JOURNAL ARTICLE

An initial study of diffusion bonds between superplastic Ti-6Al-4V for implant dentistry applications

Kathy L Elias, Glenn S Daehn, William A Brantley, Edwin A McGlumphy
Journal of Prosthetic Dentistry 2007, 97 (6): 357-65
17618918

STATEMENT OF PROBLEM: Production of precisely fitting fixed partial denture implant superstructures with titanium alloys is limited by casting techniques that introduce distortion. After alignment of the framework with existing implants, the remaining misfit may generate stresses that cause screw loosening and adversely affect the implant/bone interface.

PURPOSE: The purpose of this study was to prepare diffusion-bonded joints between superplastic (SP) Ti-6Al-4V plates and indenters (representing analogs to implant-supported fixed frameworks and abutments) and determine if this process has potential for producing strong, dimensionally precise prostheses.

MATERIAL AND METHODS: Seven sets of trial indenter and plate specimens with dimensions of 6.4 mm x 6.4 mm x 5 cm and 8.5 mm x 1.5 cm, respectively, were prepared. Several indenter designs were used (35- or 45-degree half-angle, presence or absence of a notch, and SP versus no SP condition for Ti-6Al-4V); all plates were prepared from SP Ti-6Al-4V. For the results-guided experimental design, there was 1 trial indenter/plate combination for each design/processing condition. Diffusion bonding was performed at 10(-6) Torr, while the temperature was increased 10 degrees C/min to 900 degrees or 920 degrees C. Following 10 minutes of equilibration, the indenter was pressed 2.5 mm into the plate at 0.13 mm/min. Joint strength was evaluated in tension, and the ductile or brittle character of fracture surfaces was assessed by the presence or absence of a dimpled rupture surface from secondary electron SEM observations. Fractured specimens were cross-sectioned and examined with an optical microscope to evaluate overall joint integrity and quality, and used for Vickers hardness measurements to gain insight into the variation in mechanical properties of the indenter and plate with distance from the joint. One-way ANOVA (alpha=.05) was used to compare hardness at the joint for the trial specimen with highest joint strength with hardness values for adjacent regions at 125-mum intervals in the indenter and plate. The Ryan-Einot-Gabriel-Welsch (REGW) multiple range test was used to identify any specific location having significantly (alpha=.05) different hardness. Backscattered electron SEM observations were also performed on the cross-sectioned specimens to investigate whether a layer of alpha-stabilized titanium, which would decrease joint strength, was present. Fits of Ti-6Al-4V implant analogs prepared by this diffusion-bonding process were assessed qualitatively from visual observation.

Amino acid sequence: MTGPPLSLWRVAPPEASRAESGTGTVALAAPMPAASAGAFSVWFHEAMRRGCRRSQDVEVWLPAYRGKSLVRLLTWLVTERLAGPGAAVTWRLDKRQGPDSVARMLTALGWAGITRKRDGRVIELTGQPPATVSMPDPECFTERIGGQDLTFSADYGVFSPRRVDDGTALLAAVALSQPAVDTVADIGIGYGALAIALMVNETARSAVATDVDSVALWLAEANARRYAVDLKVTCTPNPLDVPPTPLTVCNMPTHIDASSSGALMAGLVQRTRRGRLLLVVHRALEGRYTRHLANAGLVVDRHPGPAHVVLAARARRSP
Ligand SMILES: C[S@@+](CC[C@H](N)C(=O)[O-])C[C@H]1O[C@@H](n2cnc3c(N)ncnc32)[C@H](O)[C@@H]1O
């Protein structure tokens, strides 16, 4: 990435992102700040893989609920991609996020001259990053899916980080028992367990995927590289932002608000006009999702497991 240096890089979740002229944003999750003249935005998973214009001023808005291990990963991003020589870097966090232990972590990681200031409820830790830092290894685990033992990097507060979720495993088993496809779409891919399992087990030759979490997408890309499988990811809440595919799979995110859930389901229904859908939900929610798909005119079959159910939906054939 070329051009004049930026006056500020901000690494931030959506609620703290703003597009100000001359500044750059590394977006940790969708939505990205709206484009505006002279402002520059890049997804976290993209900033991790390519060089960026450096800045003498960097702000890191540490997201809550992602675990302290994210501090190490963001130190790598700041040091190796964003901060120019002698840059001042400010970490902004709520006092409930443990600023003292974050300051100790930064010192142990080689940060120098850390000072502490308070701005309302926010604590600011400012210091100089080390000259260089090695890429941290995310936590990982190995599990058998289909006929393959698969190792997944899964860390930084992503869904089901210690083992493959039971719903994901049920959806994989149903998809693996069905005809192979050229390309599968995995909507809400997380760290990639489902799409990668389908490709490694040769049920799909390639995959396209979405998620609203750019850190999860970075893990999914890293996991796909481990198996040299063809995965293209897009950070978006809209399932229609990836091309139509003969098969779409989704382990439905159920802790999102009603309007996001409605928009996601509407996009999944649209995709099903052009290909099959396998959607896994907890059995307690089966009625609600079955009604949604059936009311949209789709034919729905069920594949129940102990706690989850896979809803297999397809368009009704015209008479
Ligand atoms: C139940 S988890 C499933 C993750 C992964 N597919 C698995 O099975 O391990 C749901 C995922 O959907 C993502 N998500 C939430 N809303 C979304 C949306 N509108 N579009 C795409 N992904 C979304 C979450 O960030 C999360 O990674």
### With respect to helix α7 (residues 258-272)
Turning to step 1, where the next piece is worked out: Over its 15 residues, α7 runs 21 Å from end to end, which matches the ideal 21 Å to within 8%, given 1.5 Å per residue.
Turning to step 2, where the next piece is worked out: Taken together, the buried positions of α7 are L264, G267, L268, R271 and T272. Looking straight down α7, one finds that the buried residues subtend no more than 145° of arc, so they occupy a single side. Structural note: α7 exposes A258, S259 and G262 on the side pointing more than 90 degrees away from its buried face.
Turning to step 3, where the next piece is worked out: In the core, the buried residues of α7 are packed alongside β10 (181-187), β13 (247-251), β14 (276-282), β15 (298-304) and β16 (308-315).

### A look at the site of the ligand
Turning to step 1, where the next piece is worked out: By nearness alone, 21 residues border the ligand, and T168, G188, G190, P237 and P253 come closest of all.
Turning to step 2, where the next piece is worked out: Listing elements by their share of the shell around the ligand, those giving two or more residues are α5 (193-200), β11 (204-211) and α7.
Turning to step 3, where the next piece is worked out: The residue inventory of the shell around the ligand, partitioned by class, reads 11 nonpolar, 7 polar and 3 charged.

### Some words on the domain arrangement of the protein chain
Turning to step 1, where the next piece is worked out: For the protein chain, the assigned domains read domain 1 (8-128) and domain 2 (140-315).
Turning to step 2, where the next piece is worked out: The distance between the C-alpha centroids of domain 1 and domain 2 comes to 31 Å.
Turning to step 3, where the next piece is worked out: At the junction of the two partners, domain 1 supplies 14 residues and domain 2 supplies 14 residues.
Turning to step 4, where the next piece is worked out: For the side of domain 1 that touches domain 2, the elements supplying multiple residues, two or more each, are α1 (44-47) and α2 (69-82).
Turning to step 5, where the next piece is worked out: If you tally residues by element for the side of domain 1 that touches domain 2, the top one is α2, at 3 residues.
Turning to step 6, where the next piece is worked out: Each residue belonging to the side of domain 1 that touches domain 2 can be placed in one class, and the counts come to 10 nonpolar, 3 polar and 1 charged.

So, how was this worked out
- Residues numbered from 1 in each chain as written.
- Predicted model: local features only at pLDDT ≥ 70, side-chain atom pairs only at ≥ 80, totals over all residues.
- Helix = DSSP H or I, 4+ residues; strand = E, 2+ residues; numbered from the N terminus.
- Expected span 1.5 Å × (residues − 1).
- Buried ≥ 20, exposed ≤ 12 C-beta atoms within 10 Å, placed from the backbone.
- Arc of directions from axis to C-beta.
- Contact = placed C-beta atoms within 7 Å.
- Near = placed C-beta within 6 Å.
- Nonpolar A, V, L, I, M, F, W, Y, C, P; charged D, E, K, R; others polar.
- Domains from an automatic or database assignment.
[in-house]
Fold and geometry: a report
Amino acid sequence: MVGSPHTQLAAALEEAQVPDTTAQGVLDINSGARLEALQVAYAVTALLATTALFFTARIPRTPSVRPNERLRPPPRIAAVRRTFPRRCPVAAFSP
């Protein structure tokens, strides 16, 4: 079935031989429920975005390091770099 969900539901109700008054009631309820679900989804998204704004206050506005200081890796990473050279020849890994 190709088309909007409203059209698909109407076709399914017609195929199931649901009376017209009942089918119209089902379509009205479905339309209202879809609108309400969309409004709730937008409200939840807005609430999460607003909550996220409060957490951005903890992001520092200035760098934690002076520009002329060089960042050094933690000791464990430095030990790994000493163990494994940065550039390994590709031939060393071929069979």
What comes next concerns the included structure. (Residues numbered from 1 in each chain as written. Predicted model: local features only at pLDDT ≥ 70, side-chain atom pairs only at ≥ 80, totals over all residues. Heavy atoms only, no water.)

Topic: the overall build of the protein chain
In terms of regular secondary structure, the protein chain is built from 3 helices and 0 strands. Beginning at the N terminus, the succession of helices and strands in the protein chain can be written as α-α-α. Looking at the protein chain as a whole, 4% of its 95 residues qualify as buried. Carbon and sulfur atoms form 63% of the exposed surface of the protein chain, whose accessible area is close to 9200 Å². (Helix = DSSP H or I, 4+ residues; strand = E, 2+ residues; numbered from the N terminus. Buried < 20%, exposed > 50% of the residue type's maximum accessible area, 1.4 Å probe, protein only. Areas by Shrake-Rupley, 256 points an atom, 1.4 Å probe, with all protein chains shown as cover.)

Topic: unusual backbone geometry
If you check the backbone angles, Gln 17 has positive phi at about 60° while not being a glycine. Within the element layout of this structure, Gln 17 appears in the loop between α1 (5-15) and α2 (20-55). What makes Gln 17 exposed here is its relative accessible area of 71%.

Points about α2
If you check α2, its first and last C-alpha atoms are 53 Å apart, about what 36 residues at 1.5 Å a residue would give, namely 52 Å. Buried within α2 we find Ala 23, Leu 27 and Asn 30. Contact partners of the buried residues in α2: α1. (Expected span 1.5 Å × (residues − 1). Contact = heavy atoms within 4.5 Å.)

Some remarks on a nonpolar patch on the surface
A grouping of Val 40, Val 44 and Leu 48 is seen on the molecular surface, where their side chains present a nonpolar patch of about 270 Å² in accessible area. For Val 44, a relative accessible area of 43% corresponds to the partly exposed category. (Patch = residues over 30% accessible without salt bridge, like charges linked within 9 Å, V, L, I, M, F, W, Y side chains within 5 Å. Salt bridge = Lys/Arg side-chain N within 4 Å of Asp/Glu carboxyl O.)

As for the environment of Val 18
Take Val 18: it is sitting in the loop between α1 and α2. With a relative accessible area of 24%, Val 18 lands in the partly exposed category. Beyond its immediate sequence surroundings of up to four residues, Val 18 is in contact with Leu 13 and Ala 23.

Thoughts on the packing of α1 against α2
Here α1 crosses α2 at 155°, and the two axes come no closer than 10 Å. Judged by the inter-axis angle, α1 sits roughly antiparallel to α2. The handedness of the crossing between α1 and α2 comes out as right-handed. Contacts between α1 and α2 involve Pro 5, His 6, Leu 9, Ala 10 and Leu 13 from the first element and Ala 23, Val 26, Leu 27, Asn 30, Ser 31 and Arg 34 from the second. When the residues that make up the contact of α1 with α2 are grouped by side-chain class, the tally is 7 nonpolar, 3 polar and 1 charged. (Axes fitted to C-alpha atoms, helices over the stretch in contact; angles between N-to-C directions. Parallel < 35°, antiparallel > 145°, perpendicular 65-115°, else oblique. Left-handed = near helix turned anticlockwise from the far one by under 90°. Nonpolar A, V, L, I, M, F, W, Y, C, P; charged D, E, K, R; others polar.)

RESULTS: The maximum joint strength of 820 MPa was achieved for a diffusion bonding temperature of 900 degrees C for an SP Ti-6Al-4V indenter with a 35-degree half-angle and no notch. This joint strength is nearly 90% of the maximum tensile strength of the parent Ti-6Al-4V, which can range from approximately 930 to 1015 MPa. The hardness at the joint was significantly higher (P<.05) than the hardness of the indenter and plate at 125-mum distances from the joint. The mean hardness of the indenter at 125 mum from the joint was significantly greater (P<.05) than the mean hardness of the plate at a distance of 500 mum from the joint. All other mean hardness values at the different measurement distances from the joint were not significantly different. Ductile fracture occurred for all superplastic processing conditions, and no alpha-titanium layer was present. Minimal asperities were observed with the optical microscope, and fits of implant prosthesis analogs were considered acceptable.

CONCLUSIONS: A 900 degrees C processing condition for diffusion-bonding an SP Ti-6Al-4V indenter with a 35-degree half-angle and no notch to a Ti-6Al-4V SP plate yielded a joint with nearly the same strength as the parent alloy. Use of this processing temperature with a 0.13 mm/min rate of pressing the indenter into the plate yielded minimal distortions for implant prosthesis analogs when observed visually.

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